As I toiled under the shade of the obliging oak and manzanita trees weeding invasive broom, I inadvertently disturbed a thriving, boiling ant colony. The earth beneath the leaf litter appeared to ramp up into hyper-mode with seemingly thousands of critters swarming, scurrying, and crawling on my boots, pants, and shirt! Needless to say, this, in turn caused me to go into my own hyper-mode as I unlaced my boots, flung my shirt aside and swatted the swarm making its way up and into my pants! I was grateful the alarmed ants didn’t bite, and that there are plenty of creatures for birds and other so-inclined wildlife to consume. As the frenzied ants were swarming, it seemed as though all 12,000 species in the world were intent on inhabiting my clothing.
Who would have guessed that the feeling of awe is now analyzed by scientists and can stem from such disparate events or activities such as a mind-blowing experience to a fine work of art, an idea raised in a great speech or nature’s grandeur? It really isn’t too difficult to find something to become awe-struck by in Lake County, whether it is the striking glitter of a hummingbird’s feathers or the gleam of a gopher snake as it slithers into the sunlight for warmth.
Dispersed across many of our fields and along roadsides are sparkling Lake County diamonds. They glitter and gleam after a nice rain shower, just begging to be picked up, collected, displayed or even faceted into jewelry. In fact, some local jewelers will facet the diamonds for you to wear. Usually clear, Lake County diamond specimens are sometimes lavender or reddish in color. These beauties, not true diamonds, are considered semi-precious stones, having a rating of 7.8 to 8 on the Moh’s Scale of Hardness. Real diamonds rate a 10.
As I take a late spring, early morning walk at the edge of the woods not far from the creek in southern Middletown, it feels like a luxury to drink in the sounds of these surroundings. I note the scolding squawks of several blue jays in the oaks. They appear to be distressed at the sight of a pair of crows as they near the jay’s nests. In contrast to the cacophony above, the mellifluous sounds of the creek invite me to come closer. As I arrive at a clearing, a Forest Alligator Lizard is sitting as still as a stone in the sunlight. This is the second one I have seen this month! Wanting to watch this elusive and long-bodied creature I step ever closer.
You have, no doubt seen some of the many tremendous osprey nests throughout the county. There are fine examples of osprey architecture near the roundabout at Hartman Road in Middletown, both Rodman Park and Rodman Slough, Clear Lake State Park, and more. These impressive birds build magnificent structures in which to lay eggs and raise their young. With an unmistakable cry the osprey calls out, then the 26 inches-in-length bird can be viewed at its nest as high as 60 feet above the Earth, where it constructed its nest near a fishing hole.
Since our state enjoys a temperate climate we play host to a variety of plant species, both invasive and native, who also thrive here. Paul Aigner explained, “Most of the state’s grasslands are dominated by non-natives.” He went on with some questions for us that also interest farmers, State Park’s Departments and many others, “How realistic is it to get rid of a particular invasive? How does it reduce biodiversity here?” What helps ranchers may hinder places like parks and preserves. The study of invasives brings up the question of just what defines a weed or a problem plant?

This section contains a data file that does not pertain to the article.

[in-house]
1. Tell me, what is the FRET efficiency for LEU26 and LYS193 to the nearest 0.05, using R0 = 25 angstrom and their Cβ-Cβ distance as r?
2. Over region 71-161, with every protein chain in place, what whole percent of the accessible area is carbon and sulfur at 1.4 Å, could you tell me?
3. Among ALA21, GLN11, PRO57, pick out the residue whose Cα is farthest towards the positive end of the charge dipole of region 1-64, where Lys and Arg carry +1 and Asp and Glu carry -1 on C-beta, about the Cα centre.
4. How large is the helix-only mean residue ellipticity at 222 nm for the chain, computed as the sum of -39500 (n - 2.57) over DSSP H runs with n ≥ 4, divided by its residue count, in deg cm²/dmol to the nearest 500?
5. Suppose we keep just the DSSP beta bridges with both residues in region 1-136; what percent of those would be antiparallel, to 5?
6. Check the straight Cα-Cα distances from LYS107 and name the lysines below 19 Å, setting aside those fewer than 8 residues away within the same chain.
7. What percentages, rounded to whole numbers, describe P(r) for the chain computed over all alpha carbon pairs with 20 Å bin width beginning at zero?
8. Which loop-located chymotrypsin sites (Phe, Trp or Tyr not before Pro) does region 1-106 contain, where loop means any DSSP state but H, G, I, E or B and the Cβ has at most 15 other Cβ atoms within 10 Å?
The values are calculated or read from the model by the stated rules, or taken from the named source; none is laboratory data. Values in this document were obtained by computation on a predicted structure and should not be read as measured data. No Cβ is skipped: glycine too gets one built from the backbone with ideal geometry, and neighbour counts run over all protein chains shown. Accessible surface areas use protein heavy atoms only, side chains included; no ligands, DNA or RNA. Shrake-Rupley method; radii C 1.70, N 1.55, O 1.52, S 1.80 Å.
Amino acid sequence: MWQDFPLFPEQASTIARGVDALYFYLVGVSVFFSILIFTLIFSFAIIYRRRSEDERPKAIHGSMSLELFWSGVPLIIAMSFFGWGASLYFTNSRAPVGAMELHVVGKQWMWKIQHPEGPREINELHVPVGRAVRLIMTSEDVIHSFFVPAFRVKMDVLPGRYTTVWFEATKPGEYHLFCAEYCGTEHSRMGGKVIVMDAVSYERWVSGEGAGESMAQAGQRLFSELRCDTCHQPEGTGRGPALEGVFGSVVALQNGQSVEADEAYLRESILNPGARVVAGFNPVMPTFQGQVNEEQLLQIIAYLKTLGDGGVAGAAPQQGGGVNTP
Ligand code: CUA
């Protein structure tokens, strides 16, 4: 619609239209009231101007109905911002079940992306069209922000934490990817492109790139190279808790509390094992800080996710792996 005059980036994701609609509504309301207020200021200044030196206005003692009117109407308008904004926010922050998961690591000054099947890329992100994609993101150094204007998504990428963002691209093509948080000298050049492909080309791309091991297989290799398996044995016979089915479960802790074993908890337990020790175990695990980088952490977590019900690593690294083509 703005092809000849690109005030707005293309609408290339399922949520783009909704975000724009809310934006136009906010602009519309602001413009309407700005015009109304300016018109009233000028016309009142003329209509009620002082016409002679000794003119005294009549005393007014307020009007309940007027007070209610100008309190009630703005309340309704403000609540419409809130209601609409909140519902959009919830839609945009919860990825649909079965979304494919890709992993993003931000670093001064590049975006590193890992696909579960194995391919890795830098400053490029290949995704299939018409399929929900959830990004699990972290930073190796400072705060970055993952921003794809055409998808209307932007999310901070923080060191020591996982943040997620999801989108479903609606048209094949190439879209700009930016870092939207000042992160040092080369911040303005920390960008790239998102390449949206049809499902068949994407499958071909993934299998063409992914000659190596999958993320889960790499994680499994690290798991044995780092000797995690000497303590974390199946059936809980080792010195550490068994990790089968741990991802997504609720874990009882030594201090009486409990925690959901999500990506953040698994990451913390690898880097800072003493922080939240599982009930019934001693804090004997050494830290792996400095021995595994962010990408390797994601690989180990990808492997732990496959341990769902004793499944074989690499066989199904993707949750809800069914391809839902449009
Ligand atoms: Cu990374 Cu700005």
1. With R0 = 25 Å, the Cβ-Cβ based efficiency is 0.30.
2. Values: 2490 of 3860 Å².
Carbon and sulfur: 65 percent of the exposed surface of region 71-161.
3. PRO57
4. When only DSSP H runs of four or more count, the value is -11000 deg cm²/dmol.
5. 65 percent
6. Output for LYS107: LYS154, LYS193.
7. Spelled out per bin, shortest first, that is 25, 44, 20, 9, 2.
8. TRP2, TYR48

What’s not to love about these charming little beetles? Birds love them, gardeners are devoted to the creatures; and children love to get up close and personal with the crimson cuties. While walking with friends at Anderson Marsh on the McVicar trail we began to note a small swarm of what we called ‘ladybugs’ flitting and flying along the trail with us. Later, we learned that insect geeks or entomologists are using the name ‘ladybird beetle’ or ‘lady beetle’ since they are not true bugs. A bug, which is a type of insect, has a three-part body and belongs to the order of insect called Hemiptera. It’s amazing to know that these creatures belong to the almost 6,000-species ladybird beetle family, or Coccinellidae. I neglected to bring my hand-lens on the hike, but these may have been convergent ladybugs, the most common species in North America. In 2019 a cluster of ladybugs, known as a bloom or a loveliness, was so large it was spotted on the National Weather Service radar in southern California. This bloom was noted at 5,000 to 9,000 feet in the air.
The western, or California redbud, or Cercis orbiculata, is in the legume family and reaches a height of about 20 feet where it grows in pine forests, riparian and oak woodlands, and in poor soils. Since it is a drought-tolerant plant, it is well adapted for California. The redbud has been, and still is, a key plant for Indigenous culture for centuries. It has been utilized by dozens of Native groups, or tribes as a plant of significance in basket weaving. Tribal elders speak of redbud’s use over its lifespan when the trees are maintained, cared for, and pruned regularly in order that they produce long, fresh sprouts for switches in basket making. This practice also assures that the plants grow and thrive with fewer scars.
A late winter walk along some of Lake County’s creeks, ponds wetlands, and lakes may reward you with sightings of the only native freshwater turtle along the west coast region of the United States on down to Baja California. This once-prolific reptile is a slow-mo treat to watch as it s-l-o-w-l-y emerges from Cache Creek to sun itself upon a long, warm log. There it will sit, striking a pose until- kerplunk! It takes a turtle leap into the water until the perceived threat has passed.
The formation of Lake County’s obsidian gave the Indigenous people here material for innumerable tools and trade items. Anthropologists called the villages which once lined lakes, streams, and valleys here for thousands of years in what is now Lake County ‘city states’. Then, the Pomo, Wappo, Miwok, Yuki, and Patwin peoples thrived here. Famed anthropologist A. L. Kroeber described this area as one of the most diverse cultural areas in all of the United States.